Board takes action on records violation lawsuit

We Deserve a Better Board protesters gather outside of Douglas High School on Tuesday before the meeting.

We Deserve a Better Board protesters gather outside of Douglas High School on Tuesday before the meeting.
Photo by Sarah Drinkwine.

Allegations that School Board Trustees Linda Gilkerson, Yvonne Wagstaff and Carey Kangas violated Nevada Open Meeting Law during the April 9 meeting was brought before the school board on Tuesday.

The complaint was made after the April meeting alleging that when the three-trustee majority, at the time, had a discussion with their attorney, came back to the board, then voted against a settlement agreement.

At issue is whether the taxpayers should be responsible for majority’s legal bills if they are found negligent in providing public records.

The settlement is the agreement made during the Miller v. Douglas County School District case that went before Douglas County District Court Judge Thomas Gregory, accusing trustees David Burns, Susan Jansen, Katherine Dickerson and Doug Englekirk of violating Nevada’s records law. A hearing in the case is still scheduled for June 4-6, according to the court clerk’s office.

Kendra Jepson of Joey Gilbert Law said legal counsel was advising that the action made during the April 9 meeting should be voided and to revisit the settlement agreement.

“It appears as though all trustees have a conflict in this matter because the three trustees have intervened in the litigation with their counsel,” said Jepson.

She suggested the trustees could either submit the issue to the ethics commission and wait for an opinion on how to best move forward or delegate the action to the acting superintendent pursuant to NRS 241.0357 and allow her to take action regarding the settlement agreement.

“At this moment there is a conflict amongst all of you, and if we are going to do it, we should submit it for an ethics, basically, opinion (on whether it was a violation),” said Gilbert. “If you want to vote on it, then vote on it, but I don’t think it’s in the best interest of this board to create another problem.”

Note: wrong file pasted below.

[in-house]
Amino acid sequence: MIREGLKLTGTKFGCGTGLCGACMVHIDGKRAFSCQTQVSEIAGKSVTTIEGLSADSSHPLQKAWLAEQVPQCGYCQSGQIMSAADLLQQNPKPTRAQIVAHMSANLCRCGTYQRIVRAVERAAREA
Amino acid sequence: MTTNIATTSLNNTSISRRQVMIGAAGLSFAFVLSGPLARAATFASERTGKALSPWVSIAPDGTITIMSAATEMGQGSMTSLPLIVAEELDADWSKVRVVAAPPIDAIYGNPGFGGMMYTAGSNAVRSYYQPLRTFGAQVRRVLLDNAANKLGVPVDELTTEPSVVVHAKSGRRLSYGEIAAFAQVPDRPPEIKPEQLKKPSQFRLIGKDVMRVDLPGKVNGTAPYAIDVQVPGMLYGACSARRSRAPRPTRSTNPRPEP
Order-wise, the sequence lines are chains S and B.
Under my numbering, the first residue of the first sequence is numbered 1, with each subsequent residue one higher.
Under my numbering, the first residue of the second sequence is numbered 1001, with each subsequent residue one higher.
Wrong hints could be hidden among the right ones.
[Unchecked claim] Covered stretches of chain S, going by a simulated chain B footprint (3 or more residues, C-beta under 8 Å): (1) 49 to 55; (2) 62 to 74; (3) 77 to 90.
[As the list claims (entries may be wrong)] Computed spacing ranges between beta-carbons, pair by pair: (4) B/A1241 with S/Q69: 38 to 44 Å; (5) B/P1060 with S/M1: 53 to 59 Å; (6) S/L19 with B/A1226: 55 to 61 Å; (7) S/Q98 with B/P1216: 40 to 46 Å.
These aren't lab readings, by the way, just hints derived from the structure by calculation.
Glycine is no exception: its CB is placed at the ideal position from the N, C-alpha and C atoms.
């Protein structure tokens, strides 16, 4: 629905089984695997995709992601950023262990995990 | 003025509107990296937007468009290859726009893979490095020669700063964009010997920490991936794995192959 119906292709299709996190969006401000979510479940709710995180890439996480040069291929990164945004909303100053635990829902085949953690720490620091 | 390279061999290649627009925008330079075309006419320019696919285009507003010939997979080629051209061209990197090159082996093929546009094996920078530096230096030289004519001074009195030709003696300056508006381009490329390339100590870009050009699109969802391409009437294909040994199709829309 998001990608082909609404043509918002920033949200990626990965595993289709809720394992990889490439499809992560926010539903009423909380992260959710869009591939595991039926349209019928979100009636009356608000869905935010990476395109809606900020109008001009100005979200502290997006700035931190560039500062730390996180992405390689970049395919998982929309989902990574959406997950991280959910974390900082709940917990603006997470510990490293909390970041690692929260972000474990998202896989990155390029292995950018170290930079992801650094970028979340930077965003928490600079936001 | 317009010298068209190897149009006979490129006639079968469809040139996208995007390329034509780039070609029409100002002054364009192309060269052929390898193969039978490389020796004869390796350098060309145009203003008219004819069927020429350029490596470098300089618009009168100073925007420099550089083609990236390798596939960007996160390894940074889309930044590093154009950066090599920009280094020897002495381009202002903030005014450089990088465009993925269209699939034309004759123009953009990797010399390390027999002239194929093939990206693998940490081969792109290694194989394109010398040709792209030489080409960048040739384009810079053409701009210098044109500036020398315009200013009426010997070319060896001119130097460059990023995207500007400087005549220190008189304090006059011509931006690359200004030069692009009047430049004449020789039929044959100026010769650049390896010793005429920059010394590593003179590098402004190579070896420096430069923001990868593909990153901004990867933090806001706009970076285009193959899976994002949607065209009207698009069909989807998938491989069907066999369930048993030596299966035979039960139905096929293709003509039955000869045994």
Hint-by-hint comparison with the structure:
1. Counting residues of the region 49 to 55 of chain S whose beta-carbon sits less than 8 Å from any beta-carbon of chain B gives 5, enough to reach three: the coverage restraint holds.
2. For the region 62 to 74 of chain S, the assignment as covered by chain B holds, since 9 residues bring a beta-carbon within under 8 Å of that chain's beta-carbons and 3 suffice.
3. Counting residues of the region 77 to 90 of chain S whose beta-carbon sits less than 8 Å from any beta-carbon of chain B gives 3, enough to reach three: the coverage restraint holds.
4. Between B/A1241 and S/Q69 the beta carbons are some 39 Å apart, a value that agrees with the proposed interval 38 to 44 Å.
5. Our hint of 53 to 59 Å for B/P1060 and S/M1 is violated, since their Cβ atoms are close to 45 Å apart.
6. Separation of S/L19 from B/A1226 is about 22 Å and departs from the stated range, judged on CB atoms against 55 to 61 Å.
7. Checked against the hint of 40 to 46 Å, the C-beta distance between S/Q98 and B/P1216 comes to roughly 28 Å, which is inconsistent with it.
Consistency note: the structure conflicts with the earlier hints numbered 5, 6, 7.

Trustee Wagstaff claimed the three did not deliberate amongst themselves in regard to the Writ of Mandamus, but that their attorney presented them with options, which they individually considered before returning to the meeting.

“I knew what I wanted to do, so I came back, sat down and made the motion,” said Wagstaff.

Jepson said there also was a settlement agreement made by the three that would remove Burns as president and Dickerson as clerk, which could result in the elevation of other trustees.

The three trustees read a statement from their attorney Sharla Hales before Gilkerson called for a vote on the motion.

“I’d like to disclose that there’s a settlement proposal term that could result in getting a board office but that doesn’t require us from abstention.”

The motion which was “to not approve the settlement agreement and to have counsel go back and negotiate more favorable terms for the district,” passed 3-0. 

Three more agenda items in relation to the Miller Vs. Douglas County School District matter were addressed and discussed during Tuesday’s meeting. 

The first was whether to waive the confidentiality claimed in invoices of all the law firms who have represented the district in the writ of mandamus.

Gilkerson made a motion “that the board waives the attorney client privilege for the invoices of Joey Gilbert Law and all other law firms who have represented the District regarding Miller Vs. DCSD to direct the superintendent to redact items as she deems necessary and make available to the public time statements for matters related to Miller Vs. DCSD and we do this for transparency.” The motion was seconded by Wagstaff.

“I’m not into waiving any attorney client privilege, because you don’t know what’s coming,” said Burns, “and I want to know what’s there before I waive anything, which we don’t know because we are not finished with this.”

Gilbert advised that the board not waive attorney client privilege.

“We have provided as much information we believe we are allowed to,” said Gilbert. “Under the law it’s up to you, but that’s my recommendation.”

The motion failed with Burns, Jansen, Dickerson, and Englekirk against it.

Next, the board addressed the matter of legal counsel being obtained to represent the district and Wagstaff made a motion “to authorize the superintendent to retain legal counsel to represent Douglas County School District for matters related to the Writ of Mandamus.” Trustee Kangas second it. The motion passed 6-1, with Jansen against.

The board discussed obtaining legal counsel to represent the four-trusted majority, Burns amended the motion to state “Trustees may authorize the superintendent to retain legal counsel to represent trustees Englekirk, Jansen, Burns, and Dickerson for matters related to the Writ of Mandamus.” Taking out the part stating “with reservation of rights such that these trustees will not be indemnified and must reimburse the district for legal fees if they are found to not have acted in good faith.”

Dickerson who said she was “confident in her situation, but would not agree to that,” seconded the amended motion, which passed with Burns, Dickerson, Englekirk, and Jansen in favor.


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